We often hear of the increased risk of developing cancer due to various activities, smoking, drinking, sun and other radiation exposure and so on. Everyone has an absolute risk of developing cancer, which can be changed by different behaviours which change the relative risk. For example, with a CLL diagnosis, we are at a higher relative risk of certain cancers, such as skin cancers.
'It’s all relative: how to understand cancer risk
Professor Ian Olver explains the difference between "absolute risk" – the risk of developing a cancer over a certain period of time; and "relative risk" – the risk one group of people has of developing a cancer compared to the risk of another group.
The interactive cancer map featured on The Conversation shows that the risk of bowel cancer is 10 per cent higher for men and women who have one standard alcoholic drink every day, than for those who don’t drink any alcohol.
This is known as “relative risk” and does not mean you have a 10 per cent chance of getting bowel cancer if you drink one drink per day.
As the map says, it means your risk of bowel cancer is 10 per cent higher than the risk of someone who doesn’t drink any alcohol.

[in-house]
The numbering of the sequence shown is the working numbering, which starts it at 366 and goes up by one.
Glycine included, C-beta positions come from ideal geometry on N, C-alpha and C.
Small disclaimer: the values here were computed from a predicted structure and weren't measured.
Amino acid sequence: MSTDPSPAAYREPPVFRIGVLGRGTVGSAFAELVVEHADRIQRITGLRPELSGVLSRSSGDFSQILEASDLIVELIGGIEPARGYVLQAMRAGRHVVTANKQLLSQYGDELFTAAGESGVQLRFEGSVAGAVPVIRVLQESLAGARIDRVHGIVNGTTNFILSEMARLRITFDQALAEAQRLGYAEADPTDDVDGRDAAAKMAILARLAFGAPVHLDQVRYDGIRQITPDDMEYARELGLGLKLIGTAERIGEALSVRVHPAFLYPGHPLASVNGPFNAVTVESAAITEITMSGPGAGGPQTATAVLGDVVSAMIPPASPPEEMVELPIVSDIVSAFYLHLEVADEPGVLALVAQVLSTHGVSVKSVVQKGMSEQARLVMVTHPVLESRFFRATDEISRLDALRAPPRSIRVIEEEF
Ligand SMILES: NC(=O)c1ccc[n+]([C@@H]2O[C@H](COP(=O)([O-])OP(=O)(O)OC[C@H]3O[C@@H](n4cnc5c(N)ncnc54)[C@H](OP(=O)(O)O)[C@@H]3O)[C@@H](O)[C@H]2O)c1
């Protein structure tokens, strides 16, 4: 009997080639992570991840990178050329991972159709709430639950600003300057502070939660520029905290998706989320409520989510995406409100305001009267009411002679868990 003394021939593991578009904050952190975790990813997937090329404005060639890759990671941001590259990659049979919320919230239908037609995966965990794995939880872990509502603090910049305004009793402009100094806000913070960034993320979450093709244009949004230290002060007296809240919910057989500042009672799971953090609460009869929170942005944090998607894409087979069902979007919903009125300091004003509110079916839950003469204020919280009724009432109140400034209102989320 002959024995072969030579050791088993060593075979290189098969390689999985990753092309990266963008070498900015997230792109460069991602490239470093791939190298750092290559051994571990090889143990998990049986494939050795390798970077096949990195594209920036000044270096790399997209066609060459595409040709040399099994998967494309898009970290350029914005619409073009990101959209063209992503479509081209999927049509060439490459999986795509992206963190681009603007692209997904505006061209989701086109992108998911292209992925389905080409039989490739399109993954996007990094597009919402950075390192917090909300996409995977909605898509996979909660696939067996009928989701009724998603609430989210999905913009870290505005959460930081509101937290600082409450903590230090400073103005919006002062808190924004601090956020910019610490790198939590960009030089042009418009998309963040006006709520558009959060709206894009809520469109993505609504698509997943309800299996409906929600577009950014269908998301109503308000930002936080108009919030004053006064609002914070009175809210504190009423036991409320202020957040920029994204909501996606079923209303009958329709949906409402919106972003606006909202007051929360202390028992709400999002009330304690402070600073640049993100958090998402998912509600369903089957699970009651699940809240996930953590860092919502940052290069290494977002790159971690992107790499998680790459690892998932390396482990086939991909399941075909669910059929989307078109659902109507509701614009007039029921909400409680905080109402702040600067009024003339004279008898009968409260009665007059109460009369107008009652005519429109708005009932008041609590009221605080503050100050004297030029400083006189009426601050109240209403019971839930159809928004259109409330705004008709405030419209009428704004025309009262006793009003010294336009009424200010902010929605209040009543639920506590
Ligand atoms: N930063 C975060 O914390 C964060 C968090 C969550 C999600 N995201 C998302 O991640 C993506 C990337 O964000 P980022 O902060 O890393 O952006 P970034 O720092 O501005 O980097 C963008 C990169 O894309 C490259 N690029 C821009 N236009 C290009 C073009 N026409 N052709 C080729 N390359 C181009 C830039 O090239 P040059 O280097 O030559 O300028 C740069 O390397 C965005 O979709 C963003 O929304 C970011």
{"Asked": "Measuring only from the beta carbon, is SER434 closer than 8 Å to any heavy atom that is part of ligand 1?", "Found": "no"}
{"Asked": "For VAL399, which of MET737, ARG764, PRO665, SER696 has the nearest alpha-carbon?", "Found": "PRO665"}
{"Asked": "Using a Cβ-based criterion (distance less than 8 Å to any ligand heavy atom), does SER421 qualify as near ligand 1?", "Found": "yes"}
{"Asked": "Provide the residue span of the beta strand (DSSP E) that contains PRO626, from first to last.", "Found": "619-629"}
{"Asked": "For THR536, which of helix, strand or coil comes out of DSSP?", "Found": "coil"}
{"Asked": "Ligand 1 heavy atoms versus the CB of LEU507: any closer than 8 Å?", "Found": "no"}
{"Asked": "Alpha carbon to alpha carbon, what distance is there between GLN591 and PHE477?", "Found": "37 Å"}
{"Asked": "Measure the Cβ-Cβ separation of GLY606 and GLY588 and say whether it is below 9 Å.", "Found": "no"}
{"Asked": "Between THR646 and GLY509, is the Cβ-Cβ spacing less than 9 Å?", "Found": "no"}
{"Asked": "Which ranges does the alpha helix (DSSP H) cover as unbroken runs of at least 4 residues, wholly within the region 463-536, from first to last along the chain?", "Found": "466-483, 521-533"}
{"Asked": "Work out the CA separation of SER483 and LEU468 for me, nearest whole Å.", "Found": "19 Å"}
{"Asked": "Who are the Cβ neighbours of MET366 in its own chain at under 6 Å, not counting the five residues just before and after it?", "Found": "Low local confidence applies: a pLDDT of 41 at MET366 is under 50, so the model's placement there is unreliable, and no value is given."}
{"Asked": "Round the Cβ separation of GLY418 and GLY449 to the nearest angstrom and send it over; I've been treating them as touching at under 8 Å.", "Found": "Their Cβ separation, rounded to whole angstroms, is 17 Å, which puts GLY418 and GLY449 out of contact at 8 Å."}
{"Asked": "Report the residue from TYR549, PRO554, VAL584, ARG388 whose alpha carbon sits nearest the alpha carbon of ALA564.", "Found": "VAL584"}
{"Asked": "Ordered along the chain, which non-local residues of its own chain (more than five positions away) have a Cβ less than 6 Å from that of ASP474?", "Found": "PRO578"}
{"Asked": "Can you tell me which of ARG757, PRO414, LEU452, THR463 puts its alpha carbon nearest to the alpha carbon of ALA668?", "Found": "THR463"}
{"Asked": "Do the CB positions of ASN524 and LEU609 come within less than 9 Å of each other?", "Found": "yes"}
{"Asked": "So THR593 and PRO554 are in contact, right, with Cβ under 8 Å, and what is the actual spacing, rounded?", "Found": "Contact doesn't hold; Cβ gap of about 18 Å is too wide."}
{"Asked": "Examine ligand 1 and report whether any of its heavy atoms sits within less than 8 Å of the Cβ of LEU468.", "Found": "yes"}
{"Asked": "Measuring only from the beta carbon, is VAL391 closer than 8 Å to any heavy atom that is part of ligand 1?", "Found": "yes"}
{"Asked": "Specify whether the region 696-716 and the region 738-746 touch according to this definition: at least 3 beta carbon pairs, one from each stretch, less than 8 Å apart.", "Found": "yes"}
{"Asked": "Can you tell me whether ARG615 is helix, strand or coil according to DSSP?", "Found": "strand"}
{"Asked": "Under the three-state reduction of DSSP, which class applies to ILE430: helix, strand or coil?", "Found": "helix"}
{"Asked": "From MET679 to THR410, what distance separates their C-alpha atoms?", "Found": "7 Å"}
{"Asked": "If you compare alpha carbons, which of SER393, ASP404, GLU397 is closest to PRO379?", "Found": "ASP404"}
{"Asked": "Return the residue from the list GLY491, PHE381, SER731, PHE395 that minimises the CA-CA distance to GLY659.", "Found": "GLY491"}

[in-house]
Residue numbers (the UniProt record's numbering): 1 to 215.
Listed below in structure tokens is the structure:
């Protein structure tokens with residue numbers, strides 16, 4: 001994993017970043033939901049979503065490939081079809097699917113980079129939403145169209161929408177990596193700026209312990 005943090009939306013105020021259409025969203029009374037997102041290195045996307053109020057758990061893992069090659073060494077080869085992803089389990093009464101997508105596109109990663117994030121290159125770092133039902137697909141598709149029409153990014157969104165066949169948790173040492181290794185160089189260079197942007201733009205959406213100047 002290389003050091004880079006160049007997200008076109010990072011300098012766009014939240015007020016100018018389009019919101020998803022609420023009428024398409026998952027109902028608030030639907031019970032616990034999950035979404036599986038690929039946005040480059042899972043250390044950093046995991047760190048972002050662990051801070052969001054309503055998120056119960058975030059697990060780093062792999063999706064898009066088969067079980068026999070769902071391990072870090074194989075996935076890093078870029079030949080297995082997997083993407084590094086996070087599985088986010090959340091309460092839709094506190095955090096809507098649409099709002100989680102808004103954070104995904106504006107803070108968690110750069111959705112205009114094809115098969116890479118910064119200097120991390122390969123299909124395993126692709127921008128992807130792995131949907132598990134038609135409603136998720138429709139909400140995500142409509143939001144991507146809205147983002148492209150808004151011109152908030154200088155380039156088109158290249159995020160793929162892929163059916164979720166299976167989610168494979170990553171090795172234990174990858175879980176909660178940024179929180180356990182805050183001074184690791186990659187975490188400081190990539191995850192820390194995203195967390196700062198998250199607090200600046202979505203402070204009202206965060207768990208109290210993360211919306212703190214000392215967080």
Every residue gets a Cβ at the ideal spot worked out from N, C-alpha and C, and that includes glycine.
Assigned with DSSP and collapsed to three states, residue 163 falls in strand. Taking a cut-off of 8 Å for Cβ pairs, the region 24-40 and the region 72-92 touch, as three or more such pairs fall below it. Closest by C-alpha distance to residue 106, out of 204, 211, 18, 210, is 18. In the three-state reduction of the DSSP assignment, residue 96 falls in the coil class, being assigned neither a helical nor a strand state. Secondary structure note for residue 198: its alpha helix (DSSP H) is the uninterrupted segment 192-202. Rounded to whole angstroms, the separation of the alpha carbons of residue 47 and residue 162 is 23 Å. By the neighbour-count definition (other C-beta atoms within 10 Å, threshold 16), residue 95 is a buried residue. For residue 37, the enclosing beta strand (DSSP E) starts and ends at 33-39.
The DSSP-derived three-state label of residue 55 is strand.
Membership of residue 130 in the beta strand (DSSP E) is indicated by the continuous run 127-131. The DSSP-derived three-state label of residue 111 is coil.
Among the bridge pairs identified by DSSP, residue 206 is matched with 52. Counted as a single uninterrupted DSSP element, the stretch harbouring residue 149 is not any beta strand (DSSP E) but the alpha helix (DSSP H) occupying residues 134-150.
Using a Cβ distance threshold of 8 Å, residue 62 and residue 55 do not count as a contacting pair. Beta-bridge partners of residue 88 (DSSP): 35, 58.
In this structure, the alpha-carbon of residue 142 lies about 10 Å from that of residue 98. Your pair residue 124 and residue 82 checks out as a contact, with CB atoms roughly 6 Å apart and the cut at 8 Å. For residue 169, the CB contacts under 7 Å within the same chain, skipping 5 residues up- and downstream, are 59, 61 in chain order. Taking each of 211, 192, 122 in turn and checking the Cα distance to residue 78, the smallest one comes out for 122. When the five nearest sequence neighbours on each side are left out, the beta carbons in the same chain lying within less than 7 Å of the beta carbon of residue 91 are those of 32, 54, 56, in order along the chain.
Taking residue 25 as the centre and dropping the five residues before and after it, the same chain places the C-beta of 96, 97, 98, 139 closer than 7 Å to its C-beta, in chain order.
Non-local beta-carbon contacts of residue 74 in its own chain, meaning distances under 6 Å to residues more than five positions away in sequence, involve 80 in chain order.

Prof Olver says this 10 per cent matters not only in relation to someone else, but also in relation to the absolute risk of getting the particular cancer in the first place. If the absolute risk is small, then a 10 per cent increase still doesn’t make your chances of getting cancer very high.
“For instance, a man living in Australia has an absolute risk of 10 per cent of developing bowel cancer over his lifetime. If he drinks one beer every day and his risk of bowel cancer increases by 10 per cent, then it only goes up to 11 per cent overall – so not much higher than it was in the first place,” he says. '
The interactive cancer can be found here or via a reference from the above article: theconversation.com/interac...
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